Area definitions. The substate area data published in this release reflect the delineations issued by the U.S. Office of Management and Budget, dated April 10, 2018. A detailed list of the geographic definitions is available at www.bls.gov/lau/lausmsa.htm.

The Houston-The Woodlands-Sugar Land, TX Metropolitan Statistical Area includes Austin, Brazoria, Chambers, Fort Bend, Galveston, Harris, Liberty, Montgomery, and Waller Counties.

Additional information

More complete information on the technical procedures used to develop these estimates and additional data appear in Employment and Earnings, which is available online at www.bls.gov/opub/ee/home.htm. Detailed industry employment data for metropolitan areas from the CES program are available from the State and Area Employment databases at www.bls.gov/sae/data/home.htm.

Information in this release will be made available to sensory impaired individuals upon request. Voice phone: (202) 691-5200; Federal Relay Service: (800) 877-8339.

Table 1. Employees on nonfarm payrolls by industry supersector, United States and Houston metropolitan area, not seasonally adjusted (numbers in thousands)
Area and IndustryJul.
2019
May
2020
Jun.
2020
Jul.
2020(p)
Jul. 2019 to
Jul. 2020(p)
Net changePercent change

United States

Total nonfarm

150,699133,432138,509139,100-11,599-7.7

Mining and logging

746631631632-114-15.3

Construction

7,7537,0767,3657,419-334-4.3

Manufacturing

12,91911,69712,16312,185-734-5.7

Trade, transportation, and utilities

27,67124,76525,85126,094-1,577-5.7

Information

2,8832,5622,5852,578-305-10.6

Financial activities

8,8368,5648,6488,697-139-1.6

Professional and business services

21,45619,39619,84420,024-1,432-6.7

Education and health services

23,86322,23122,55622,641-1,222-5.1

Leisure and hospitality

17,28910,10912,44013,111-4,178-24.2

Other services

5,9794,8355,2295,382-597-10.0

Government

21,30421,56621,19720,337-967-4.5

Houston-The Woodlands-Sugar Land, TX Metropolitan Statistical Area

Total nonfarm

3,146.62,931.92,980.42,958.2-188.4-6.0

Mining and logging

79.961.961.560.6-19.3-24.2

Construction

236.4220.2218.7217.3-19.1-8.1

Manufacturing

237.9222.4219.7216.1-21.8-9.2

Trade, transportation, and utilities

626.0600.5607.6604.9-21.1-3.4

Information

32.929.529.629.4-3.5-10.6

Financial activities

167.6163.3164.5164.8-2.8-1.7

Professional and business services

509.4486.5500.8506.2-3.2-0.6

Education and health services

401.1389.7395.7397.4-3.7-0.9

Leisure and hospitality

340.1256.8285.0279.6-60.5-17.8

Other services

116.292.198.7100.8-15.4-13.3

Government

399.1409.0398.6381.1-18.0-4.5

(p) preliminary


Table 2. Employees on nonfarm payrolls by industry supersector, 12 largest metropolitan areas, not seasonally adjusted (numbers in thousands)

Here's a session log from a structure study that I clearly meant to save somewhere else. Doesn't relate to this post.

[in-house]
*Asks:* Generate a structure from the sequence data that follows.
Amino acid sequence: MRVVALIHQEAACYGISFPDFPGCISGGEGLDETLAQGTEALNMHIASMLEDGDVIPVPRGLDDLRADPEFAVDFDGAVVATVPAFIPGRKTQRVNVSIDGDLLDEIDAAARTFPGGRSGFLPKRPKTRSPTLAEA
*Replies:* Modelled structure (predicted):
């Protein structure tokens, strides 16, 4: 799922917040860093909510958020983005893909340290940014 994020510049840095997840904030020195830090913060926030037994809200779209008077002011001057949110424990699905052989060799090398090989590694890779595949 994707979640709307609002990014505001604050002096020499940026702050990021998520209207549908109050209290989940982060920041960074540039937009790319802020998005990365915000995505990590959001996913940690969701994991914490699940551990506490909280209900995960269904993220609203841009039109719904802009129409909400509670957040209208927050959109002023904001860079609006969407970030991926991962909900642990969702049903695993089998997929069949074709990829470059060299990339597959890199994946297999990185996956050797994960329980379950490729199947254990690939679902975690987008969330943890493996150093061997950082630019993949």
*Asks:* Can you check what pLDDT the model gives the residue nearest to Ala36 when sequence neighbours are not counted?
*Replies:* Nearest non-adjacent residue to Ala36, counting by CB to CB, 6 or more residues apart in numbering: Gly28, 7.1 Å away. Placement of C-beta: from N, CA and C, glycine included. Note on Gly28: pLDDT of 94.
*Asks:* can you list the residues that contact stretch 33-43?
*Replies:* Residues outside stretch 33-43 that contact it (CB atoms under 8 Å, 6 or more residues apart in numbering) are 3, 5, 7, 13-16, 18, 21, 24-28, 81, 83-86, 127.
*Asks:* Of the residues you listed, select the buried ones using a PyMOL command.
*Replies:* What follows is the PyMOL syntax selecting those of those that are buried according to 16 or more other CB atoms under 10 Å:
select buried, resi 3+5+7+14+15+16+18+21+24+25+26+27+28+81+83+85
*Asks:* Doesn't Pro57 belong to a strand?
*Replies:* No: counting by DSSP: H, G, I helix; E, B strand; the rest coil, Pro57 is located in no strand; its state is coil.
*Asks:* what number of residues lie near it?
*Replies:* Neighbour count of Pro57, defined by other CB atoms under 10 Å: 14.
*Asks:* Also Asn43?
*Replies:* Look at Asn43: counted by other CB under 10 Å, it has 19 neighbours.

Area and IndustryJul.
2019
May
2020
Jun.
2020
Jul.
2020(p)
Jul. 2019 to
Jul. 2020(p)
Net changePercent change

Atlanta-Sandy Springs-Roswell, GA

Total nonfarm

2,838.22,600.32,687.92,703.2-135.0-4.8

Mining and logging

1.61.61.51.5-0.1-6.3

Construction

130.9126.3127.8127.1-3.8-2.9

Manufacturing

172.8153.1159.7161.0-11.8-6.8

Trade, transportation, and utilities

599.7575.0588.0588.0-11.7-2.0

Information

101.290.391.291.6-9.6-9.5

Financial activities

179.1172.5174.1172.4-6.7-3.7

Professional and business services

548.9504.1515.9516.7-32.2-5.9

Education and health services

365.2357.3362.5363.9-1.3-0.4

Leisure and hospitality

311.9207.3250.6263.6-48.3-15.5

Other services

105.388.094.496.0-9.3-8.8

Government

321.6324.8322.2321.4-0.2-0.1

Boston-Cambridge-Nashua, MA-NH

Total nonfarm

2,826.42,360.92,446.42,485.3-341.1-12.1

Mining, logging, and construction

127.390.4106.4110.9-16.4-12.9

Manufacturing

189.9172.6175.4176.3-13.6-7.2

Trade, transportation, and utilities

426.2341.1364.0373.6-52.6-12.3

Information

83.980.379.580.4-3.5-4.2

Financial activities

190.9183.3185.5186.0-4.9-2.6

Professional and business services

525.8482.0490.7494.0-31.8-6.0

Education and health services

582.3527.0525.0531.5-50.8-8.7

Leisure and hospitality

297.2120.4157.6184.2-113.0-38.0

Other services

108.865.670.976.8-32.0-29.4

Government

294.1298.2291.4271.6-22.5-7.7

Chicago-Naperville-Elgin, IL-IN-WI

Total nonfarm

4,796.44,203.24,344.84,400.4-396.0-8.3

Mining and logging

1.91.81.71.6-0.3-15.8

Construction

190.4171.0179.0181.8-8.6-4.5

Manufacturing

422.1389.1402.4400.6-21.5-5.1

Trade, transportation, and utilities

949.5860.4893.2898.7-50.8-5.4

Information

78.575.675.775.4-3.1-3.9

Financial activities

322.9308.8311.2313.0-9.9-3.1

Professional and business services

848.0762.9778.7789.2-58.8-6.9

Education and health services

725.1681.6690.3692.1-33.0-4.6

Leisure and hospitality

517.8272.5329.1379.8-138.0-26.7

Other services

201.6162.8179.5180.2-21.4-10.6

Government

538.6516.7504.0488.0-50.6-9.4

Dallas-Fort Worth-Arlington, TX

Total nonfarm

3,780.63,542.73,642.03,629.1-151.5-4.0

Mining, logging, and construction

230.0223.9229.8230.00.00.0

Manufacturing

290.8278.4280.0280.2-10.6-3.6

Trade, transportation, and utilities

792.5764.4782.8779.8-12.7-1.6

Information

82.180.080.179.3-2.8-3.4

Financial activities

320.8324.5328.5331.510.73.3

Professional and business services

645.6608.8626.4631.6-14.0-2.2

Education and health services

459.9426.7431.4427.6-32.3-7.0

Leisure and hospitality

403.6284.6334.0328.6-75.0-18.6

Other services

130.2115.4121.2118.8-11.4-8.8

Government

425.1436.0427.8421.7-3.4-0.8

Houston-The Woodlands-Sugar Land, TX

Total nonfarm

3,146.62,931.92,980.42,958.2-188.4-6.0